At a dark hour between January 8 and 10, 2021, environmental conservation community leader Gonzalo Cardona Molina was killed in Valle del Cauca, Colombia. Gonzalo dedicated the last 23 years of his life to protecting the Yellow-eared Parrot, a wondrous bird that was in danger of extinction. (It has already been extirpated, or made locally extinct, in neighboring Ecuador.)
Colombia has become somewhat safer since the terrifying days of the narcos. It has become a more popular birding destination. It could be the greatest birding destination on the planet for its range of habitat and number of species.
Yet the South American nation is still the most dangerous place in the world to take a stand for the environment, according to Global Witness.
In 2019, 64 park rangers and others working to protect and preserve nature were killed. There is ongoing conflict between remnants of the FARC, which signed a nominal peace treaty with the government in 2016, the country’s official armed forces, and other militarized groups.
Yellow-eared Parrot in Colombia. Photo by Francesco Veronesi/Wikimedia Commons
It was into this mess that “Gonza” (as his many friends called him) Cardona bravely stepped. He had been a farmer; he had no specific reason to protect an endangered species. He could have gone on with his life, as many of his fellow Colombians do every day. But he persisted.
When Gonzalo began counting the Yellow-eared Parrots in 1998, only about 80 were left in Colombia. Through his efforts — including tree planting, habitat protection, and educational programs — and those of Fundación ProAves, the number grew to more than 2,800 (35 times more the 1998 total) when he completed his last census in December 2020.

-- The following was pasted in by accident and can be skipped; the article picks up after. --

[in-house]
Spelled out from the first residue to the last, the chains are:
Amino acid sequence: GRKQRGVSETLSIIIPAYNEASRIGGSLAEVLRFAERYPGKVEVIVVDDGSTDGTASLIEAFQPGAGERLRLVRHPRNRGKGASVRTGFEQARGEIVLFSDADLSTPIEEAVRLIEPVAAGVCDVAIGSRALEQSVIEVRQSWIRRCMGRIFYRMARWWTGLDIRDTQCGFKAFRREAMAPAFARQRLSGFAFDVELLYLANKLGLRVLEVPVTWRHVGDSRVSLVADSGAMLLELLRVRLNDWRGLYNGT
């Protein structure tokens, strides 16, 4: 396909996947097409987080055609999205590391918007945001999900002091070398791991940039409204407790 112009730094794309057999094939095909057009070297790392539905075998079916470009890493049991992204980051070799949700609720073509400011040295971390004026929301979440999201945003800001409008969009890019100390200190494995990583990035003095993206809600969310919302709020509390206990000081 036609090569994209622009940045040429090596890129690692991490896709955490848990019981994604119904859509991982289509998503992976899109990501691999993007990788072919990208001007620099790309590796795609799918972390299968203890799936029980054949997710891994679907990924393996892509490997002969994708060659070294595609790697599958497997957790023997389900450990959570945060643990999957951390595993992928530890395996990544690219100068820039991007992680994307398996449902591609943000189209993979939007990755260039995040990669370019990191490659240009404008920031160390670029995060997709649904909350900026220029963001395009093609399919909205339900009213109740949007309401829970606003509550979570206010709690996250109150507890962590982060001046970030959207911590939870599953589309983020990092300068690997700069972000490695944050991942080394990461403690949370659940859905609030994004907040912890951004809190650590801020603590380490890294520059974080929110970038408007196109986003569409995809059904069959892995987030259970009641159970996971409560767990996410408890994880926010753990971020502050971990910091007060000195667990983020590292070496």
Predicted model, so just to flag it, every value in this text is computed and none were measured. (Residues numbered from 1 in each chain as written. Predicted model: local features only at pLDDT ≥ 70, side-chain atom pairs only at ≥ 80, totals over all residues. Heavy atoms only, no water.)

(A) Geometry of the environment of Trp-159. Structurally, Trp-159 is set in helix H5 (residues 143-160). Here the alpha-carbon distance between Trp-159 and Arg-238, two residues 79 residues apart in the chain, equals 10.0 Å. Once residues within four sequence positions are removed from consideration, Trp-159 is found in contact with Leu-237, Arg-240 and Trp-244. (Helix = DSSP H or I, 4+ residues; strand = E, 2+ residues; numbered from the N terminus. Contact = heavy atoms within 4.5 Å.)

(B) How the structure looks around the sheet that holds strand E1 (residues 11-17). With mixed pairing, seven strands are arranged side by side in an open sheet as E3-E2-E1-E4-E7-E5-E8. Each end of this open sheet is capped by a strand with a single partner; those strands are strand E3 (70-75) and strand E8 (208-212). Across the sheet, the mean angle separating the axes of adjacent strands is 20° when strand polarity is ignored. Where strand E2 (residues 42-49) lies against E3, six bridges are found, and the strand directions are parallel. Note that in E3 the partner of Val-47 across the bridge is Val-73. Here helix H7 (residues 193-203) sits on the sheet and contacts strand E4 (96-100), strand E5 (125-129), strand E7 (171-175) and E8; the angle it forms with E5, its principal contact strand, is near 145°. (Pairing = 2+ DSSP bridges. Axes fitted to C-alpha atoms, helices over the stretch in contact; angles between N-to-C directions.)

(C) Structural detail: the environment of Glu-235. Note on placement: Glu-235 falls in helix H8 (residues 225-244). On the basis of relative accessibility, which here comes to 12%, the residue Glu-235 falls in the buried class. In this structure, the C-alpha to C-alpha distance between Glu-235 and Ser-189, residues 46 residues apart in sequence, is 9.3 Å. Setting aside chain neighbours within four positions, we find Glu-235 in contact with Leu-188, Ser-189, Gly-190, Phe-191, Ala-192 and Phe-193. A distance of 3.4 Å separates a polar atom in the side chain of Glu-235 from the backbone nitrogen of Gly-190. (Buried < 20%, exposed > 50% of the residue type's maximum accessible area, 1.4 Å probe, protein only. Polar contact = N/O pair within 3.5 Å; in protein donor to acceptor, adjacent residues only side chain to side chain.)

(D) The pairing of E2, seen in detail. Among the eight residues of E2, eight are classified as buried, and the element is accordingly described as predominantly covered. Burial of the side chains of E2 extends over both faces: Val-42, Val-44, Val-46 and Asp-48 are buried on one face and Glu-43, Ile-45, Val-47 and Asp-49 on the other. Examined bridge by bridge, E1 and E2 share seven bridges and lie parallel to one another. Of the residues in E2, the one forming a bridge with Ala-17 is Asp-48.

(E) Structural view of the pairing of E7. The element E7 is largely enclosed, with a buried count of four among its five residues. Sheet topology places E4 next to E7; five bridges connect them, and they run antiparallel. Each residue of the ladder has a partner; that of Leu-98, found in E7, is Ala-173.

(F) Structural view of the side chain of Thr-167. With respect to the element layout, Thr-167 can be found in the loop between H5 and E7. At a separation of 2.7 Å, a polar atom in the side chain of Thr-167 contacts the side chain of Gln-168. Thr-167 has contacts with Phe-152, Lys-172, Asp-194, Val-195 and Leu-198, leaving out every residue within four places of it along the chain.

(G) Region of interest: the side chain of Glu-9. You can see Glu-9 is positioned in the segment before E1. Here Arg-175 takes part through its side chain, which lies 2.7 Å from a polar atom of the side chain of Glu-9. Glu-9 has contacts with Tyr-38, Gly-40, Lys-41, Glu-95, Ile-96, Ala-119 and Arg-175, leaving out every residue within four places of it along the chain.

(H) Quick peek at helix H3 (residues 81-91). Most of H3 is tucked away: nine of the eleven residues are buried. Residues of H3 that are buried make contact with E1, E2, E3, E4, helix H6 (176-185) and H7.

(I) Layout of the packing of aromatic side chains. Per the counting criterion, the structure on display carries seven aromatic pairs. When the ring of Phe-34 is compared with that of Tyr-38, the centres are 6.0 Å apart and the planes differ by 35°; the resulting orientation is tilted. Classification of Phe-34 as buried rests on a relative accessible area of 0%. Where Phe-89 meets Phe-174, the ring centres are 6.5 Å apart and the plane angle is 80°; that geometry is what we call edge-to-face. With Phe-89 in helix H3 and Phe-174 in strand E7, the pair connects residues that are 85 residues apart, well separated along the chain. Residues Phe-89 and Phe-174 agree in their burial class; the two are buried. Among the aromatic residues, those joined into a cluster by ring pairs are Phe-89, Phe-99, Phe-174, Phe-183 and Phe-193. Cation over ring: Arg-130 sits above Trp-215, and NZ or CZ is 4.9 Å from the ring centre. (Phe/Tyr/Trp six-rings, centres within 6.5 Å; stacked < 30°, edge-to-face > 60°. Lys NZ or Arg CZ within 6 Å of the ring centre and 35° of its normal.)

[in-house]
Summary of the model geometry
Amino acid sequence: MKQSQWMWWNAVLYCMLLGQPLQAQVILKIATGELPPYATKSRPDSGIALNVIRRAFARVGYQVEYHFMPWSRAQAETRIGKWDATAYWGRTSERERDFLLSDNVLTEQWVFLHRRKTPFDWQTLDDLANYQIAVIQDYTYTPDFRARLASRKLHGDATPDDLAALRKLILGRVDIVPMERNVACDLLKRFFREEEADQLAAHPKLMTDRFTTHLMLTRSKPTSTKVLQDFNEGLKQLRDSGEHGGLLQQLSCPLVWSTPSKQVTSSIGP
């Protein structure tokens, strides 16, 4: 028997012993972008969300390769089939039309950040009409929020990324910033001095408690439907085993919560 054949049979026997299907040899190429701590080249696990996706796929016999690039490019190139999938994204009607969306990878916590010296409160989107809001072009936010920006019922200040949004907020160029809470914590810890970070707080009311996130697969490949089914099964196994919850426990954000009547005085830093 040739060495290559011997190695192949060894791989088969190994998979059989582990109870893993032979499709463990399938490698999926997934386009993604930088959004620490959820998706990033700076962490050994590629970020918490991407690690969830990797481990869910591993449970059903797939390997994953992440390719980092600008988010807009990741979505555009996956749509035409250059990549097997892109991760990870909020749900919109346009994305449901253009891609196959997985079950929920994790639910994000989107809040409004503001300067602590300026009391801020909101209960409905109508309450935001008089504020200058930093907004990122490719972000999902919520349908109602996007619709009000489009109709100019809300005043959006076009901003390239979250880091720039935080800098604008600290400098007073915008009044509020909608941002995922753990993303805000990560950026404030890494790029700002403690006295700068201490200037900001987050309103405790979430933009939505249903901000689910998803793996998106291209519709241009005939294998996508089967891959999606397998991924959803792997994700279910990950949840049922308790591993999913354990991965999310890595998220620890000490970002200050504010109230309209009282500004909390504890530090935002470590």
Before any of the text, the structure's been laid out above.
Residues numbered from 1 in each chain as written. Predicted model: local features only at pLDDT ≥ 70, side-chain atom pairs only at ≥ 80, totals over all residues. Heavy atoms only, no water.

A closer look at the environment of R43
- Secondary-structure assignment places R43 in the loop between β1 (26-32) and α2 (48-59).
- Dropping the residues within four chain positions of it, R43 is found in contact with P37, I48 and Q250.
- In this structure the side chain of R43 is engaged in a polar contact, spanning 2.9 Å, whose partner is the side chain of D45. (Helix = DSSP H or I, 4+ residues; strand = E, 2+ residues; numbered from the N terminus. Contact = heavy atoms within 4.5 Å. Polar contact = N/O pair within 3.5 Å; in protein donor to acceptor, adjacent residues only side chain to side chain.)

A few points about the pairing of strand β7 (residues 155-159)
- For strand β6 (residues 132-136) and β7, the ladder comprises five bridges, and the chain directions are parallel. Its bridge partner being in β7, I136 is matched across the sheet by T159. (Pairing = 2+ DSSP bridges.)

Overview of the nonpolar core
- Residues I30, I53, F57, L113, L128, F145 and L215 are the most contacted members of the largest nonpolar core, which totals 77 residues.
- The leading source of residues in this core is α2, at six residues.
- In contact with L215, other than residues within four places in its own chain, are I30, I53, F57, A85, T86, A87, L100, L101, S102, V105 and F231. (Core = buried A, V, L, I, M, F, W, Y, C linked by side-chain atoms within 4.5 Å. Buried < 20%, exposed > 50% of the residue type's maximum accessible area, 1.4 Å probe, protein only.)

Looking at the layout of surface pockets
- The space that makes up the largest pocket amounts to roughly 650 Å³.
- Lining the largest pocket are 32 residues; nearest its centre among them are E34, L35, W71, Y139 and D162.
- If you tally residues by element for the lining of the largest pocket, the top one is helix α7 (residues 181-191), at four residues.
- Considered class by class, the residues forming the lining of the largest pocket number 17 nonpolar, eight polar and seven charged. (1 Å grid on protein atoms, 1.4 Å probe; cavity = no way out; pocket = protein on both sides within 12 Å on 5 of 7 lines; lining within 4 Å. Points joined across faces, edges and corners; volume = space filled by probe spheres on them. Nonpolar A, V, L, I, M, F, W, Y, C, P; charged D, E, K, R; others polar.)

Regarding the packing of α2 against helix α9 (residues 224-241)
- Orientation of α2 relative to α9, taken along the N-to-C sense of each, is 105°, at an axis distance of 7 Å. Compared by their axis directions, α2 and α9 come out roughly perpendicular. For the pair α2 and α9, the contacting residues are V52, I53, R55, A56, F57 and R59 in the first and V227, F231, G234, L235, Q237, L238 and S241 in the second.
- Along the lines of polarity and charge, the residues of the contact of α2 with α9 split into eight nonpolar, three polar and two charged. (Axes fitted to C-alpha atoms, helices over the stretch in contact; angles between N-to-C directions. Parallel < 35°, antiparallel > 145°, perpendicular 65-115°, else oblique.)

After the census, on January 8, Gonzalo was headed home to Roncevalles, a mountain town 2,400 meters above sea level. His birthplace, Roncevalles is a town that has been occupied by armed forces, its citizens terrorized and killed. A place to tread lightly.
There is a road connecting Barragán and Roncesvalles. A lonely road, and a no-go zone after 6 pm. “Everyone knows,” said the local papers. FARC holdouts, armed bandits, and others don’t like “their” territory compromised after dark. Gonzalo hopped on his motorbike and headed home for a well-deserved rest after completing the census.
He never made it.
A few days later, after his disappearance was reported, Gonzalo’s wife received a call from the perpetrators who shot and killed him. They can stop looking. You can find his body here. His body was found, covered in sticks and dirt, with two bullets in the chest.
Gonzalo Cardona died defending a species of parrot that otherwise may have disappeared forever. He never questioned why he did it. It simply had to be done.
Gonza gave people hope. He made Colombians proud of their natural treasures, just as the adventurous team at Expedicion BIO from the Humboldt Institute is reclaiming this heritage and giving the country a path forward in conservation and ecotourism. Gonzalo lives on in the work of Fundación ProAves throughout Colombia, and through the annual Yellow-eared Parrot Festival in Roncevalles, close to where he died.
“Colombia didn’t just lose a precious life,” ProAves said. “Colombia lost a champion for nature and our beloved Yellow-eared Parrots lost their father and savior.”
May he rest in peace.
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